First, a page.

water rafting

  • The risk asset selloff that’s rocked global markets is recalibrating the positive catalysts for the stock market, and Bank of America Merrill Lynch says there’s only one major driver left.
  • A BAML survey of almost 200 fund managers shows that they’re still the most bullish on corporate earnings since 2011.

The stock market‘s sudden bout of turbulence has left it without many allies.

Bank of America Merrill Lynch says matters have gotten so dire, in fact, that equities are now stuck depending on just one single driver: corporate earnings.

Not that this is such a bad thing on the surface. After all, companies in the benchmark S&P 500 have grown profits for seven straight quarters, and they’re now expected to see full-year expansion of 11%. Not to mention the almost 200 fund managers surveyed by BAML are the most bullish on earnings since 2011.

The problem is more with what catalysts have disappeared, says BAML. That most notably includes low interest rates, which the firm says are “slowly reversing” amid monetary tightening from the Federal Reserve.

The chart below supports the idea that corporate profits are the last remaining beam of support for the stock market, with both earnings expectations and cyclical stock performance sitting near multi-year highs.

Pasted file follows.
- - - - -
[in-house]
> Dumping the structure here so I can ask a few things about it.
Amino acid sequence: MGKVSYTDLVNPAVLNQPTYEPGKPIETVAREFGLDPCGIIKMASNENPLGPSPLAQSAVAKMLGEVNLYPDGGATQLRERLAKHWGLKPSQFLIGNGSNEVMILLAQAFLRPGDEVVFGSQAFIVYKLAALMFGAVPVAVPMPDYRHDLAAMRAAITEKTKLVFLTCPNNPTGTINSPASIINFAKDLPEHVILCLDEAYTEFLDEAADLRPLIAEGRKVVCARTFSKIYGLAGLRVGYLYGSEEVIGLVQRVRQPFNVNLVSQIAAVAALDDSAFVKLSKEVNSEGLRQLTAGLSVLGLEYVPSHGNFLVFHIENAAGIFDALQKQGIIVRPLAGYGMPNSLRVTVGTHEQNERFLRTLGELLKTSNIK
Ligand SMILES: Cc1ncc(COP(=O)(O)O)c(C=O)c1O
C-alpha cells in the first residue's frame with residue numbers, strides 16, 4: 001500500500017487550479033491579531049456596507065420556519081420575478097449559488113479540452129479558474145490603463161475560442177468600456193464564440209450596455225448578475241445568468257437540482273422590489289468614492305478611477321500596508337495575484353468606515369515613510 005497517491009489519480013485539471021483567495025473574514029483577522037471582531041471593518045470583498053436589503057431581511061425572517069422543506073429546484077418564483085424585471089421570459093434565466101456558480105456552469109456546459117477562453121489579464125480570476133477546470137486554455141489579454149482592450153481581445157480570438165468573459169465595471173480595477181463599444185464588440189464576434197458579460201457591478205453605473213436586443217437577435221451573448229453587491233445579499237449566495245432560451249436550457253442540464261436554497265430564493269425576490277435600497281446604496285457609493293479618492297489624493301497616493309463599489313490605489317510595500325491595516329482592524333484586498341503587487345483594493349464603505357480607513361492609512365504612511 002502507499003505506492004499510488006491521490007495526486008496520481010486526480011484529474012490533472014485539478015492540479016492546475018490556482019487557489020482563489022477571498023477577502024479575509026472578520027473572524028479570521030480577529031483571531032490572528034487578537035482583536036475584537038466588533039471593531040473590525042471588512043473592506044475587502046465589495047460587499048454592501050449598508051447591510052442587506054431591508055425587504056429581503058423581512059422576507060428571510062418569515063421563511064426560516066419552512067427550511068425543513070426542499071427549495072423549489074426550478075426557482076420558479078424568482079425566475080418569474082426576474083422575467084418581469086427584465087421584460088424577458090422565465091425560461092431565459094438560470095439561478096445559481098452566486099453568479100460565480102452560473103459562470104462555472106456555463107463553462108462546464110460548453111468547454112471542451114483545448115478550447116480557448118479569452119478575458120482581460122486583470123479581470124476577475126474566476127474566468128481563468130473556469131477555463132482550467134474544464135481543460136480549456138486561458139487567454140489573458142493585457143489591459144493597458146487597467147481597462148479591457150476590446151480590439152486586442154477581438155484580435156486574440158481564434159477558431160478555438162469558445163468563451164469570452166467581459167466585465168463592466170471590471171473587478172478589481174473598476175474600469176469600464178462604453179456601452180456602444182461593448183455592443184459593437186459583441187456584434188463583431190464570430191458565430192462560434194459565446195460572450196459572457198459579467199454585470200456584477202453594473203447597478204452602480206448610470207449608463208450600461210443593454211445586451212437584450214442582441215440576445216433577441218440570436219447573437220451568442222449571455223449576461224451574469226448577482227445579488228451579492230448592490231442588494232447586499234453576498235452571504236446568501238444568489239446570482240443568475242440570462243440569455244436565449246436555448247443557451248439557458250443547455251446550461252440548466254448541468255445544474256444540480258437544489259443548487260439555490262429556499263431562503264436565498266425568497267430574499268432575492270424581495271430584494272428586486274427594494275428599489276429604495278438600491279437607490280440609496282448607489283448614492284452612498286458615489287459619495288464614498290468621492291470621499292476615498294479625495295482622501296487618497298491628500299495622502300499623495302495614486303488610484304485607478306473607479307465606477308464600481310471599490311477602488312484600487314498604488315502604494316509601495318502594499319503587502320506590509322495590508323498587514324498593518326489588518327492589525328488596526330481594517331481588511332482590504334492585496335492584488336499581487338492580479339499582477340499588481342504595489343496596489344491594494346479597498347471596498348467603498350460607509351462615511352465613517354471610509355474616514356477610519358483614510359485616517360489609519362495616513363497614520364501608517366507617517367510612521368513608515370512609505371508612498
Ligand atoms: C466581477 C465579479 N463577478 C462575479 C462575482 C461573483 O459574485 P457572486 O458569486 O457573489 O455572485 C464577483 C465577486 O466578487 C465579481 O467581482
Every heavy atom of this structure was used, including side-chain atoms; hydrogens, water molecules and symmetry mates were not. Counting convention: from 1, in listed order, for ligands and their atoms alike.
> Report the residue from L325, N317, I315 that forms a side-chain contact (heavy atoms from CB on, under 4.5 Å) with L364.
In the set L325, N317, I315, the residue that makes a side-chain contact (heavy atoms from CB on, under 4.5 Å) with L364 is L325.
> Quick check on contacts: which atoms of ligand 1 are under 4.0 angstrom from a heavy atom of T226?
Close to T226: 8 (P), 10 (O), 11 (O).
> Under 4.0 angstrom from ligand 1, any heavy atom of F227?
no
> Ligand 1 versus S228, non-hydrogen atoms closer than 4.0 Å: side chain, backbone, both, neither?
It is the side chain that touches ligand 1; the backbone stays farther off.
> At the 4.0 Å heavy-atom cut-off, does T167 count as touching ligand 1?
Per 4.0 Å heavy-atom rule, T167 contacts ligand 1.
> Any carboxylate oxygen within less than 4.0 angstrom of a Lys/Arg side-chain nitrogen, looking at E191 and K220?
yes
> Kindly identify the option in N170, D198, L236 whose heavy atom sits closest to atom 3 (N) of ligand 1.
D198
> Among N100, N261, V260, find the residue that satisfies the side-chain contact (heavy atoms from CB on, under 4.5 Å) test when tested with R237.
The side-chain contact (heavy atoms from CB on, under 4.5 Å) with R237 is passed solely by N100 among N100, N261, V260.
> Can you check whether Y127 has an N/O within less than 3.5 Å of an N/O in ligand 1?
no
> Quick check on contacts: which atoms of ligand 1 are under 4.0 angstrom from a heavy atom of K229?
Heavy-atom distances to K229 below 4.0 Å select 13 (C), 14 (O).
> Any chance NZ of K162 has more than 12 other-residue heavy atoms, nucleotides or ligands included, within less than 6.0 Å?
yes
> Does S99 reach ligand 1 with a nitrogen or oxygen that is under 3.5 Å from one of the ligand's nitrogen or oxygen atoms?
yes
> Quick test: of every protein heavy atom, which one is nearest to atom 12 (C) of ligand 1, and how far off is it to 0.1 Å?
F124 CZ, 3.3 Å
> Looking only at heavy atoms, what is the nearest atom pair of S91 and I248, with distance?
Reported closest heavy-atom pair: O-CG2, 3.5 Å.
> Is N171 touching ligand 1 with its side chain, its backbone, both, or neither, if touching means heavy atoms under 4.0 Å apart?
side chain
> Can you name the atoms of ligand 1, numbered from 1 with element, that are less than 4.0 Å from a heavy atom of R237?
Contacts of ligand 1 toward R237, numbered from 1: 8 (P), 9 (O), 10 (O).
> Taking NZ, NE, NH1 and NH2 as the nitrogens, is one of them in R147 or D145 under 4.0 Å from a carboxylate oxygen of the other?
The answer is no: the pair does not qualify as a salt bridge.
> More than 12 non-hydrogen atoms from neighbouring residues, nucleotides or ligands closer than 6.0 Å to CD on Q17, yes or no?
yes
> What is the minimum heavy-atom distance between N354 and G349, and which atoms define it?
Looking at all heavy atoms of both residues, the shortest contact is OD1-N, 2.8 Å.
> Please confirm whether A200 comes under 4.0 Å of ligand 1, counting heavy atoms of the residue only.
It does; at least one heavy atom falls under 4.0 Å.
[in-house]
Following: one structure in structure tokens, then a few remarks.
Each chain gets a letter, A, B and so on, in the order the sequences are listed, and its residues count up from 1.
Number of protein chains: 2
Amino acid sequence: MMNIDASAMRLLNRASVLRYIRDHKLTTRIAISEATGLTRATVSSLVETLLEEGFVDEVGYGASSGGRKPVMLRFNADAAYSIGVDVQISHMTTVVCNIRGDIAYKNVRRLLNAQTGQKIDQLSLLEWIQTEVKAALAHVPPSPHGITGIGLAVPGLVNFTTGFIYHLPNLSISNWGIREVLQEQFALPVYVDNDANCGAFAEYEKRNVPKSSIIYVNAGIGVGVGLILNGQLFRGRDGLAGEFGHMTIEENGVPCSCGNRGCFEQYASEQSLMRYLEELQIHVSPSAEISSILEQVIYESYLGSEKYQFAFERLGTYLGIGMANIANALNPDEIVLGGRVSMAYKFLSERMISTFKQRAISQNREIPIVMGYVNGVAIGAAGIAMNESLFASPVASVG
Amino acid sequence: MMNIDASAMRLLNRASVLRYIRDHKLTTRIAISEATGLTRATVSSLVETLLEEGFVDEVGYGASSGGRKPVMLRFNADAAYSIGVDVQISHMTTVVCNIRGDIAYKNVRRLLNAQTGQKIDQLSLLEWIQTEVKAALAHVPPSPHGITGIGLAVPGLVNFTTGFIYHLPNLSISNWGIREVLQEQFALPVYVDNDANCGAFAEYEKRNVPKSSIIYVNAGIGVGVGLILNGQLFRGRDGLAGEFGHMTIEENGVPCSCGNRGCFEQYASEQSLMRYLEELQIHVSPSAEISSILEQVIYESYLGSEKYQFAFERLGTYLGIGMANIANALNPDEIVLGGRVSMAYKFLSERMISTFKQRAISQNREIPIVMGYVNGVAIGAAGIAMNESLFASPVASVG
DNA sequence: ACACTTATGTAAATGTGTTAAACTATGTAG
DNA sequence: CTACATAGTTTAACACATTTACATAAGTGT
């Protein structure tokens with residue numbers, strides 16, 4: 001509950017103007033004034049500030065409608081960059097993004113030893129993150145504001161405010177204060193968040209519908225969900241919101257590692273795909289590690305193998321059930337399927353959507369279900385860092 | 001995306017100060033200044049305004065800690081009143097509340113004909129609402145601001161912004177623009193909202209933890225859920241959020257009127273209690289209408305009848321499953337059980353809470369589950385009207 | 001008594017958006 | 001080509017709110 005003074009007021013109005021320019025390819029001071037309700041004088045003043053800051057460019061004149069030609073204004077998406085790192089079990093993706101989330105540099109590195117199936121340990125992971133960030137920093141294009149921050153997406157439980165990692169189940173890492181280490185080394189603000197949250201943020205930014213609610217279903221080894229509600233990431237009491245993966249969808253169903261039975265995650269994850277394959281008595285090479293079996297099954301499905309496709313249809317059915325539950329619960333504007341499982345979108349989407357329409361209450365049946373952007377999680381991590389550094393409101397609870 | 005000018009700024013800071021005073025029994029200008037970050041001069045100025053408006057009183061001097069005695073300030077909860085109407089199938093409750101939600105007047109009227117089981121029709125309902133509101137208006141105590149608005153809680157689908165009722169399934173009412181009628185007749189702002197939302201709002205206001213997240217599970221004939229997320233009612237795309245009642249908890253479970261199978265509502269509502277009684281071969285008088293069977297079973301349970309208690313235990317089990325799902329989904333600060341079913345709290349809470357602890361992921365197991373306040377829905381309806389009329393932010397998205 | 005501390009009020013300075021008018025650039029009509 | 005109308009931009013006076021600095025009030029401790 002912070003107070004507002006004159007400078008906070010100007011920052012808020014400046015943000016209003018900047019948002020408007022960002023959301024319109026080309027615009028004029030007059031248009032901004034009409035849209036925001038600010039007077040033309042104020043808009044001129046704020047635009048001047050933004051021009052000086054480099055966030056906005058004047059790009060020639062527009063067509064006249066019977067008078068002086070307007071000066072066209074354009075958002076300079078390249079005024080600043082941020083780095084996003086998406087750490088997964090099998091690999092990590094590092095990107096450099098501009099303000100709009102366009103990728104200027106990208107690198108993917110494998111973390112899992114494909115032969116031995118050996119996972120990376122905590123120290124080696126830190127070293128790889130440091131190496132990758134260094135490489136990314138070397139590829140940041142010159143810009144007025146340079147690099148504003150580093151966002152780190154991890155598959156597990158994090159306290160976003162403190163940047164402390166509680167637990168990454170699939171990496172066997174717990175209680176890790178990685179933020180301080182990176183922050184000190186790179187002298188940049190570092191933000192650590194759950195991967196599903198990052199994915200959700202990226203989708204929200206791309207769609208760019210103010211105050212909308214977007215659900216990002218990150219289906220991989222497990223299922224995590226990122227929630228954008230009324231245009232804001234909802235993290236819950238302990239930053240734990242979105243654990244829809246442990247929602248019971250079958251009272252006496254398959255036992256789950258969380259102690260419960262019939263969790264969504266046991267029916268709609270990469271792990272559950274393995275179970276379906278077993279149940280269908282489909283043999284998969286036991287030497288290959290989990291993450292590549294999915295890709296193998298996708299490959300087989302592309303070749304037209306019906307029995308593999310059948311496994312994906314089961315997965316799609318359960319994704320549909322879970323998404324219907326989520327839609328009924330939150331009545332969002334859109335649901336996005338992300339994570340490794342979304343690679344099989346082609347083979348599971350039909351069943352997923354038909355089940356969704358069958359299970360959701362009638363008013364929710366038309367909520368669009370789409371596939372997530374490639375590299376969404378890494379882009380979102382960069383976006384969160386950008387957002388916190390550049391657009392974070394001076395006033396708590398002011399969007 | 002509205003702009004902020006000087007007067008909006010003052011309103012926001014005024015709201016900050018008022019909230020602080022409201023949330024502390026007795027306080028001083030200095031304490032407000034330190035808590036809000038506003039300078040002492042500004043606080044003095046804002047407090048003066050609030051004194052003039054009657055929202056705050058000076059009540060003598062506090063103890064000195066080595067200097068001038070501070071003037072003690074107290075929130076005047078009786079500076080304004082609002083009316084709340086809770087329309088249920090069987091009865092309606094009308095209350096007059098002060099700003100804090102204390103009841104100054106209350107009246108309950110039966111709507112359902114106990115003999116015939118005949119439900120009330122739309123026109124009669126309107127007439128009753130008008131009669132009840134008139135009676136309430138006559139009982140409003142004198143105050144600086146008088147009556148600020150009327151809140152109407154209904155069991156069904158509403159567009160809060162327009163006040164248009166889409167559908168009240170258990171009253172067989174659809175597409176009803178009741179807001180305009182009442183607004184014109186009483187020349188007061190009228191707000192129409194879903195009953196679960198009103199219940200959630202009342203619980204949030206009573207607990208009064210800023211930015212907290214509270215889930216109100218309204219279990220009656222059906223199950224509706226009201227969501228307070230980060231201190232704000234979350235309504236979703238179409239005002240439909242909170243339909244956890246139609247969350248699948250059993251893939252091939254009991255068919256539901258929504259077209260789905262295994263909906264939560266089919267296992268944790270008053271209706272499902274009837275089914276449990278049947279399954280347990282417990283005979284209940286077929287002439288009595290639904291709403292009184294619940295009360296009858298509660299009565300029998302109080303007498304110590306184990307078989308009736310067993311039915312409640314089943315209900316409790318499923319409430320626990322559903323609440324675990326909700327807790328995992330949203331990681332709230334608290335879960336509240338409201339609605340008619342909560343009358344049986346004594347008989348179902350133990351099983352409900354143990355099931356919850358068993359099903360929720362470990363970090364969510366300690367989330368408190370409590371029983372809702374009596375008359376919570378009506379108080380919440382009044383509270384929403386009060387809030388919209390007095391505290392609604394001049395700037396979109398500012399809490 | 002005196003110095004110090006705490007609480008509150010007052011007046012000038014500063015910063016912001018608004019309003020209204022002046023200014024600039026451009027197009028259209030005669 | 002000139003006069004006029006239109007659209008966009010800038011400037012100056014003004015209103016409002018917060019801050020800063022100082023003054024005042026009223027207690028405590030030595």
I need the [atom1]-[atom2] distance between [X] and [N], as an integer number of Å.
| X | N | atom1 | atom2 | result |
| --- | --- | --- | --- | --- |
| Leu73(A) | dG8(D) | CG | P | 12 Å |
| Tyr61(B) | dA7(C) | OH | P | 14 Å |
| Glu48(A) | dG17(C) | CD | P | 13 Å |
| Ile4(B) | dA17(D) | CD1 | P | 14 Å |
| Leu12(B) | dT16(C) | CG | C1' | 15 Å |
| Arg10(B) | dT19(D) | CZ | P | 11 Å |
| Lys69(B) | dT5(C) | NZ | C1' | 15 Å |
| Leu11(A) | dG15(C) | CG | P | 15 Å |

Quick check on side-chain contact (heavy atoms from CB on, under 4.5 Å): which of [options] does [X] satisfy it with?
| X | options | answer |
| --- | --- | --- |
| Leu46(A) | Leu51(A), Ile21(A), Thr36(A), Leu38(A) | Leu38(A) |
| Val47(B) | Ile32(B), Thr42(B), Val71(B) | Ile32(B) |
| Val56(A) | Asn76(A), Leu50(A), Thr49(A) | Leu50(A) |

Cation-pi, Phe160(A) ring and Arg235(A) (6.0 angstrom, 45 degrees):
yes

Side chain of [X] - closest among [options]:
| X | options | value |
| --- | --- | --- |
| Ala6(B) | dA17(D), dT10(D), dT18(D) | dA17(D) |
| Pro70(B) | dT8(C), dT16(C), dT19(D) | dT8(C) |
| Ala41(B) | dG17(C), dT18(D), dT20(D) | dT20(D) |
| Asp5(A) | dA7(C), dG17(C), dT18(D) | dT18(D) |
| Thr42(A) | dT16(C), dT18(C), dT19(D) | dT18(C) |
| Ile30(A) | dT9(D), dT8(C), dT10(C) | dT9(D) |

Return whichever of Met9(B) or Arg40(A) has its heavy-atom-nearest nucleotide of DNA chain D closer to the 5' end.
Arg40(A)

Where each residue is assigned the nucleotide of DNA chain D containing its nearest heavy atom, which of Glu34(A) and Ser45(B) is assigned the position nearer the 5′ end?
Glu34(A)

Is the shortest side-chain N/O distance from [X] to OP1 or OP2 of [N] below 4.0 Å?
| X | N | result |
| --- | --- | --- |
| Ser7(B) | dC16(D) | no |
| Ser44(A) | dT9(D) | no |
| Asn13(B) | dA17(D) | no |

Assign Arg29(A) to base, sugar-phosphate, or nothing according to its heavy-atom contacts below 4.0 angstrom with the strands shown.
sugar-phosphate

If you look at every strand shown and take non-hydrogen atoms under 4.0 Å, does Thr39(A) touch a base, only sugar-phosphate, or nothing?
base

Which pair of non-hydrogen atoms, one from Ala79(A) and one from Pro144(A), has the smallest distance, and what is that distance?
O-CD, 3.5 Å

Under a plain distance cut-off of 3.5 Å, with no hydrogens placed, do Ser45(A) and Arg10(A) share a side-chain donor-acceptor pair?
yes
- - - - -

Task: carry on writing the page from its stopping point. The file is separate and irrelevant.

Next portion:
Screen Shot 2018 02 13 at 8.22.04 AM

At this point, however, it might be too early to talk yourself back into a bullish stance on stocks. BAML’s Bull & Bear indicator is still firmly locked in “sell” territory, although the reading is slightly less bearish than it was one week ago.

The firm’s data shows that equity traders scaled back exposure to the market, but not enough to cause the sell signal to abate. Cash levels for fund managers surveyed by BAML rose to 4.7% from 4.4%, which accompanied a 12-percentage-point drop in equity allocation — coming up short of the 16-percentage-point drop that would’ve signaled the end of the risk selloff.

Fund manager activity on the bond side of the equation is also notable, with investors cutting their allocation to the lowest since 1998. Considering that 60% of survey respondents blamed inflation and bonds for the crash in risk assets, this is an unsurprising shift.

Given the decline of interest in bonds, it’s likely these fund managers will want to move back into equities once they feel that market turbulence has subsided. But how bullish can they possibly be with just one major tailwind at their backs? Stay tuned to find out.

SEE ALSO: It’s make-or-break time for a group of investors once left for dead

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